The user-mode applications and system components that send I/O requests to a device must be able to identify the device so that they can open it. A device interface makes this identification possible.
A device interface is a logical grouping of I/O operations that a device supports. Every device interface class is assigned a globally unique identifier (GUID). Microsoft defines GUIDs for most device interface classes in device-specific header files, and vendors can define GUIDs for their own unique interface classes if required.
Tip See "Using GUIDs in Drivers" in the WDK-online at http://go.microsoft.com/fwlink/?LinkId=82109.
A driver registers its device as a member of a device interface class by creating an instance of a device interface and supplying the appropriate GUID and an optional string. The string uniquely identifies the instance, so that if the driver creates more than one instance of the same interface class, it can determine which interface a particular client is using and thus where to direct the client's I/O requests.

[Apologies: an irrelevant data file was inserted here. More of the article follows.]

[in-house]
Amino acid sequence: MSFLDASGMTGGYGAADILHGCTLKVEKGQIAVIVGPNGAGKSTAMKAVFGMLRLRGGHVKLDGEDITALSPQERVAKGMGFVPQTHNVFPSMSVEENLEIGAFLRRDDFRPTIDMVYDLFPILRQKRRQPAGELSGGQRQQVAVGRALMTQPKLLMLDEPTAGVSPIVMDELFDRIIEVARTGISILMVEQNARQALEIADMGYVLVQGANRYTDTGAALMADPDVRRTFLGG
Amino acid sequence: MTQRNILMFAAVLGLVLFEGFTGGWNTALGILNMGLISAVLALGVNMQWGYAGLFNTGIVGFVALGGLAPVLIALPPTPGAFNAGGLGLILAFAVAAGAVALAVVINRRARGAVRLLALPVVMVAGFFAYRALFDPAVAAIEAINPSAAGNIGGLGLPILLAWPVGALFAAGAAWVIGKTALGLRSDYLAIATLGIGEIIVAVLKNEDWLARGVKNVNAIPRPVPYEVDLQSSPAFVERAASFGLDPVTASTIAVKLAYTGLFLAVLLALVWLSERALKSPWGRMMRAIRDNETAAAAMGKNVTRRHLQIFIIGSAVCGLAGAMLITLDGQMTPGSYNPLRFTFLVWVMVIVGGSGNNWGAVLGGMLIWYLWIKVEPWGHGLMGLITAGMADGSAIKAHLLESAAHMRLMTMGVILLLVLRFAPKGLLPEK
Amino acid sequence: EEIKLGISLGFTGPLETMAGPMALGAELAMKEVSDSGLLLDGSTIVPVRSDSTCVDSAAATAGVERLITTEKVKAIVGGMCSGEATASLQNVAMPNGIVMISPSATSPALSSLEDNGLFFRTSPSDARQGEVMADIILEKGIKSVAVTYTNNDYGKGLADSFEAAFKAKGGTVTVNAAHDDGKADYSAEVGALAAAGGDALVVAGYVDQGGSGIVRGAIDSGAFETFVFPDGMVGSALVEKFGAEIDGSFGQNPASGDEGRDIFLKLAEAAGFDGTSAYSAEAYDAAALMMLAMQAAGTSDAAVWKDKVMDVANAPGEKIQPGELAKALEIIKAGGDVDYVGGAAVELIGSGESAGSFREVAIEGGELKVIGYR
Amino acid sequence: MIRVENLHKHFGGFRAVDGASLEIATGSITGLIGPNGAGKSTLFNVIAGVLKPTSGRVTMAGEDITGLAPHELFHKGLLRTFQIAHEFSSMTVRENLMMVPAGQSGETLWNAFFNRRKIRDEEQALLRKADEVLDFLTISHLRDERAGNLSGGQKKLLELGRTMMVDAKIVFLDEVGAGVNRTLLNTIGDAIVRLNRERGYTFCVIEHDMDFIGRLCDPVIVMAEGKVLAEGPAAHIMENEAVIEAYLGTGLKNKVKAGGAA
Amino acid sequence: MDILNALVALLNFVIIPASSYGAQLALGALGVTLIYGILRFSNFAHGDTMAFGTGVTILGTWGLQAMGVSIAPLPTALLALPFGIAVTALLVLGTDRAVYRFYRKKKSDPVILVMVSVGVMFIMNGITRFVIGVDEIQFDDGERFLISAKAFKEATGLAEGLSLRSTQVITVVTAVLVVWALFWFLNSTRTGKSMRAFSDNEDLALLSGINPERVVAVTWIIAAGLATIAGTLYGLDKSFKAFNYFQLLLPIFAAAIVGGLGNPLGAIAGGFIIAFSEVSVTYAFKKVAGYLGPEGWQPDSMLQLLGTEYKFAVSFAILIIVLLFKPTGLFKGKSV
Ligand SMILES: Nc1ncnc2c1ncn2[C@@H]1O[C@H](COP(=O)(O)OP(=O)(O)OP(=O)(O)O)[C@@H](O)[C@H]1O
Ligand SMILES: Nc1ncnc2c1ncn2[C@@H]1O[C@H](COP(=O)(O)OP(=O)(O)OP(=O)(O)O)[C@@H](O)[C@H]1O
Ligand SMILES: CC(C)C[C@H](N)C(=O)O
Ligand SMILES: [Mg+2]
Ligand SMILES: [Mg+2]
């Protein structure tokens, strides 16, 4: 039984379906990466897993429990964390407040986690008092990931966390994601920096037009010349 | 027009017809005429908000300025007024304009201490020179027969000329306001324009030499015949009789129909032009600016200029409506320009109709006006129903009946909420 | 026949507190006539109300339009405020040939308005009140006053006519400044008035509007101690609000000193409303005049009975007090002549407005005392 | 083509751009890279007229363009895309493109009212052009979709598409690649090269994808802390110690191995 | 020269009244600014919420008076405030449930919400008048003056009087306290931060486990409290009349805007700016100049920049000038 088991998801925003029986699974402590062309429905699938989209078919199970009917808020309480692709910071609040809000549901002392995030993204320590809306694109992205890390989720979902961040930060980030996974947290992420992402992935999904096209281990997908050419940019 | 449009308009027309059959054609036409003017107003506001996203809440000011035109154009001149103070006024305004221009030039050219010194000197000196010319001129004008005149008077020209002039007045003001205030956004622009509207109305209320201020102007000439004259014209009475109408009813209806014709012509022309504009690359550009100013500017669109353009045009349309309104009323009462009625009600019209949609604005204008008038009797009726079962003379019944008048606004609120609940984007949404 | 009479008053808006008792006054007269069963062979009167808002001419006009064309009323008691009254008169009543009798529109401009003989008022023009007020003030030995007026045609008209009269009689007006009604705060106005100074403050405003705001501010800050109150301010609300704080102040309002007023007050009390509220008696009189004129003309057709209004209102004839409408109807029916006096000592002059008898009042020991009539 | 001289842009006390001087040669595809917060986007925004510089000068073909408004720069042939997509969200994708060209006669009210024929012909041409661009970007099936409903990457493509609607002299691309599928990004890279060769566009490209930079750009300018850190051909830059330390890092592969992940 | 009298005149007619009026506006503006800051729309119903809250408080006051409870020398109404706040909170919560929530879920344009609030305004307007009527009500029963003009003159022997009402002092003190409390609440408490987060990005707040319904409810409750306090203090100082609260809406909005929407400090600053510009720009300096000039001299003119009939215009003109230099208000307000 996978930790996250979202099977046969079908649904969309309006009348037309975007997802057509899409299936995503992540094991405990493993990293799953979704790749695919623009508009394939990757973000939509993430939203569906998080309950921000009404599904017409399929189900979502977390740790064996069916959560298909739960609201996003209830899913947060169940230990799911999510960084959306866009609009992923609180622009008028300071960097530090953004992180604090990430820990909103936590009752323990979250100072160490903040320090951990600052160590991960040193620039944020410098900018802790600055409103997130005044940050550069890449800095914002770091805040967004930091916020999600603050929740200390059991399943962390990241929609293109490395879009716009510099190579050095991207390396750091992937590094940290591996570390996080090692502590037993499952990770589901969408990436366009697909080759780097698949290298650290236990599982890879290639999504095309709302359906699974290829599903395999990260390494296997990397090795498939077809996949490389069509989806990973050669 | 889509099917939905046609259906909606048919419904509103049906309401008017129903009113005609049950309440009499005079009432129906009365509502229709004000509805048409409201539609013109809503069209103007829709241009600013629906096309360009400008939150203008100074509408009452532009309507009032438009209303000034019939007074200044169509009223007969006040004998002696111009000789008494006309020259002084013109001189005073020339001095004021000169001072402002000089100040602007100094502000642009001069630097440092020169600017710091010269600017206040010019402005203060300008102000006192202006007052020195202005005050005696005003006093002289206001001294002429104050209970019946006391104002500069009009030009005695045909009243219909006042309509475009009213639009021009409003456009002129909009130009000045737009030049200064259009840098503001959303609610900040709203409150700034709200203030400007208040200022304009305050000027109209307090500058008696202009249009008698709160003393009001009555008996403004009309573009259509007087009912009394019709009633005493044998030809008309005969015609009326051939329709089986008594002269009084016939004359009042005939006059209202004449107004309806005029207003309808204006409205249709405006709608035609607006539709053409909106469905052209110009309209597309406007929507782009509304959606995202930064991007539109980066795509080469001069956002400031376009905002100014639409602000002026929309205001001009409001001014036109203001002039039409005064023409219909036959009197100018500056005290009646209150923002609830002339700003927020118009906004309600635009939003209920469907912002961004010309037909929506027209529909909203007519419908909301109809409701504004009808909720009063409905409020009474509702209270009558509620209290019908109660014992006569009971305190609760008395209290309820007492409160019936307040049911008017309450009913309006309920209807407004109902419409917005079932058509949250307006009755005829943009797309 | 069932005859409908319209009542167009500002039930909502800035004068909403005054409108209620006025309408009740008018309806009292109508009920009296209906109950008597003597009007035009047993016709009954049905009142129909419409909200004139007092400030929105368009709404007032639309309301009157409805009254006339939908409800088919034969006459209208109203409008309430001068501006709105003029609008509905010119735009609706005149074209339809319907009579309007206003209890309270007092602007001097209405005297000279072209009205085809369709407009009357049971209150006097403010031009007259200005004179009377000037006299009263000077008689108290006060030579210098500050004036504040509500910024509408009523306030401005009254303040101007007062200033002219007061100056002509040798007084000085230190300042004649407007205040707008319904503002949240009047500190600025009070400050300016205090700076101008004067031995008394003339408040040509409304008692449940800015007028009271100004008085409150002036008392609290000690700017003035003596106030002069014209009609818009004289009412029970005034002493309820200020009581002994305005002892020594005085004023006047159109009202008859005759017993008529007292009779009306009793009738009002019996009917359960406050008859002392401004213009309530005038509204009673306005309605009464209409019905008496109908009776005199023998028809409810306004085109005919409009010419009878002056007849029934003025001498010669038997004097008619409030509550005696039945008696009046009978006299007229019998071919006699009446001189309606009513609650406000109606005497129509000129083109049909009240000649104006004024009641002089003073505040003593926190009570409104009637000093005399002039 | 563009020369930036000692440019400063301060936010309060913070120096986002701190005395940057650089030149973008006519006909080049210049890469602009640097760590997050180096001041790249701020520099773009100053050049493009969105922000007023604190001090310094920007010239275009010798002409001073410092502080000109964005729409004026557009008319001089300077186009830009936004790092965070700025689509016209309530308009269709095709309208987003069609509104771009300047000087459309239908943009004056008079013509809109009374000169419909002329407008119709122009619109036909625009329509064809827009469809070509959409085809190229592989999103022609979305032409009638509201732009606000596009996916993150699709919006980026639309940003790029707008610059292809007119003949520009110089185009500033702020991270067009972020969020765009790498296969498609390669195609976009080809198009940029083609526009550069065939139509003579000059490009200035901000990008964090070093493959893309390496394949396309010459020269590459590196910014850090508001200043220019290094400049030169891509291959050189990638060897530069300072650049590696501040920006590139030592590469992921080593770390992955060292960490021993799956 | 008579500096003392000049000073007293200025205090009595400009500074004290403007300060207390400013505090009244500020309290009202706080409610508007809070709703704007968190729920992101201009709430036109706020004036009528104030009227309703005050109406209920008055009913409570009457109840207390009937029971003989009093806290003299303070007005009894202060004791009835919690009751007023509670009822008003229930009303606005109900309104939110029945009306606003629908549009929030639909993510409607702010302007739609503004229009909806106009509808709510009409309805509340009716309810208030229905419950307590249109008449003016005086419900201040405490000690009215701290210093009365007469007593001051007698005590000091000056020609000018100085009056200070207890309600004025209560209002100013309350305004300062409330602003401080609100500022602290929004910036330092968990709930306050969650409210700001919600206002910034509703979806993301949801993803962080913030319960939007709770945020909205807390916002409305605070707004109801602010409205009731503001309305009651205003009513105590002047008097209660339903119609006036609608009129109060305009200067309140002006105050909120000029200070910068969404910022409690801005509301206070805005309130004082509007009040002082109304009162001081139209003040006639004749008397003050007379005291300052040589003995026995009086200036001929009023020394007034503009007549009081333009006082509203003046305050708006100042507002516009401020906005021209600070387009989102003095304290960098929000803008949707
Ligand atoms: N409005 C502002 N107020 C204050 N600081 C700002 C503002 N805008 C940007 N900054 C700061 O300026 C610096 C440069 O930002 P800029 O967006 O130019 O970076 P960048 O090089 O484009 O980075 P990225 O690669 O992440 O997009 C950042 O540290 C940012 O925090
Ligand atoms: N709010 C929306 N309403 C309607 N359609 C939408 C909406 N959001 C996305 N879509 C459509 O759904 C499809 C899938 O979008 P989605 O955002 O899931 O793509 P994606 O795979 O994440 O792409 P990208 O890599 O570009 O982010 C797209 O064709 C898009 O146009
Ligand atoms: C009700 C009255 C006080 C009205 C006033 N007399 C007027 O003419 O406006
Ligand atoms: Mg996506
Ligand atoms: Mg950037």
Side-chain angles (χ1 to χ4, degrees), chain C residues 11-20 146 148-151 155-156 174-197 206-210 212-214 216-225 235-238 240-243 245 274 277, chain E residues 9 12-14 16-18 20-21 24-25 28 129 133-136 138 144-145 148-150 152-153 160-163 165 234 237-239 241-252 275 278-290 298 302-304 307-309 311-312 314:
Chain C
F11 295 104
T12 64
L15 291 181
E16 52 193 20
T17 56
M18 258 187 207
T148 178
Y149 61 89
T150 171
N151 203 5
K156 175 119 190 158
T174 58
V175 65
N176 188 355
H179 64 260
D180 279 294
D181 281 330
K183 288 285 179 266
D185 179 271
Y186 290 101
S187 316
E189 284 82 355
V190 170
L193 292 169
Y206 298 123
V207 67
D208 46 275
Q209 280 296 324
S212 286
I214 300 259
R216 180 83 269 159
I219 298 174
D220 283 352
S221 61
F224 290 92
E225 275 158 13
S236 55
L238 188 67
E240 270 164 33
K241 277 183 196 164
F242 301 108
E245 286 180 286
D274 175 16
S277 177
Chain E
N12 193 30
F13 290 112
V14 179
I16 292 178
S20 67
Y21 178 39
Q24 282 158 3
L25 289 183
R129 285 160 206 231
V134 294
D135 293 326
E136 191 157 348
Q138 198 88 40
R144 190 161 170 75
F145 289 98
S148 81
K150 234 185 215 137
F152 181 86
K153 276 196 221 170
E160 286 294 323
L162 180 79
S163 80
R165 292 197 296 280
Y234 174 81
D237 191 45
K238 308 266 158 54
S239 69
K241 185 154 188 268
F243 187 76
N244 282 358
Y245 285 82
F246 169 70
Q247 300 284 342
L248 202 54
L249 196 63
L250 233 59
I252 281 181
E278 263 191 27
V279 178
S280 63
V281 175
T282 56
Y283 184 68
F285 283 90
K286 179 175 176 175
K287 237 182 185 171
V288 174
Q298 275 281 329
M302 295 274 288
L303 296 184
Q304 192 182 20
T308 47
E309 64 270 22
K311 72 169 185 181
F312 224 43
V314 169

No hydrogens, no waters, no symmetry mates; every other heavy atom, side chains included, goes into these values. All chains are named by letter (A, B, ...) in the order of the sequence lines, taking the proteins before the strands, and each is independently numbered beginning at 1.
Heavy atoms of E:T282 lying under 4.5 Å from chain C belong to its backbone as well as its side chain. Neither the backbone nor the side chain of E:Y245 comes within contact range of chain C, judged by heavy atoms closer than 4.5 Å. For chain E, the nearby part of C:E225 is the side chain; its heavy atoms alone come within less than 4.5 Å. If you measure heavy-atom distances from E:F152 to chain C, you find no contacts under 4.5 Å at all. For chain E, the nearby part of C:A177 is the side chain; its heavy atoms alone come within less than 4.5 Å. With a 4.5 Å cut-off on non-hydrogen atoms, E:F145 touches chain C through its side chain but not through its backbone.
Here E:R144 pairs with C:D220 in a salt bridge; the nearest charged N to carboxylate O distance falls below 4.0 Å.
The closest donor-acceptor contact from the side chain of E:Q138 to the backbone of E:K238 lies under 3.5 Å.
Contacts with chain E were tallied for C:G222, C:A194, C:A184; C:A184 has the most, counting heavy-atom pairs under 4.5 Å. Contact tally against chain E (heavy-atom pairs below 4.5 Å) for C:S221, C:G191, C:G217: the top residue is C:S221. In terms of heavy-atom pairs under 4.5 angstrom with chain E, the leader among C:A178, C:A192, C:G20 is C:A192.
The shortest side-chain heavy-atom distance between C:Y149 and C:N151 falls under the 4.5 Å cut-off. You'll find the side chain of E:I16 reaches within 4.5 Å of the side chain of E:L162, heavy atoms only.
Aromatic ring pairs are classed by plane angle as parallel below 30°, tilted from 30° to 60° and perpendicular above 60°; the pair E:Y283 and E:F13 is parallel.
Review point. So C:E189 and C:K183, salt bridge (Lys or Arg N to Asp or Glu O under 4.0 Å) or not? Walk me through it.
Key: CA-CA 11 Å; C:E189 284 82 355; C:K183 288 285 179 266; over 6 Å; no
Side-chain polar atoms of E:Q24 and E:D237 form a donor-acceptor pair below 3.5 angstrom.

A driver can create the interface any time after it has created the device object, but typically does so in its add-device callback. By default, the framework enables the device's interfaces when the device enters the working state and disables them when the device leaves the working state.
The test applications that are provided with the Osrusbfx2 and Fx2_Driver samples show how a client application can use a device interface to find a device.
A client can identify and open a device by using either a symbolic link or a device interface. For applications, symbolic links are easier to use, but not for drivers.
For drivers, symbolic links can represent a security risk, and it is difficult to make a symbolic link persist across reboots and hardware reconfigurations. Device interfaces are much simpler from the driver's perspective. Device interfaces are persistent, so an application can save them in its configuration data and use them to find the device again later. In addition, the system automatically cleans up the device interfaces when the device is removed.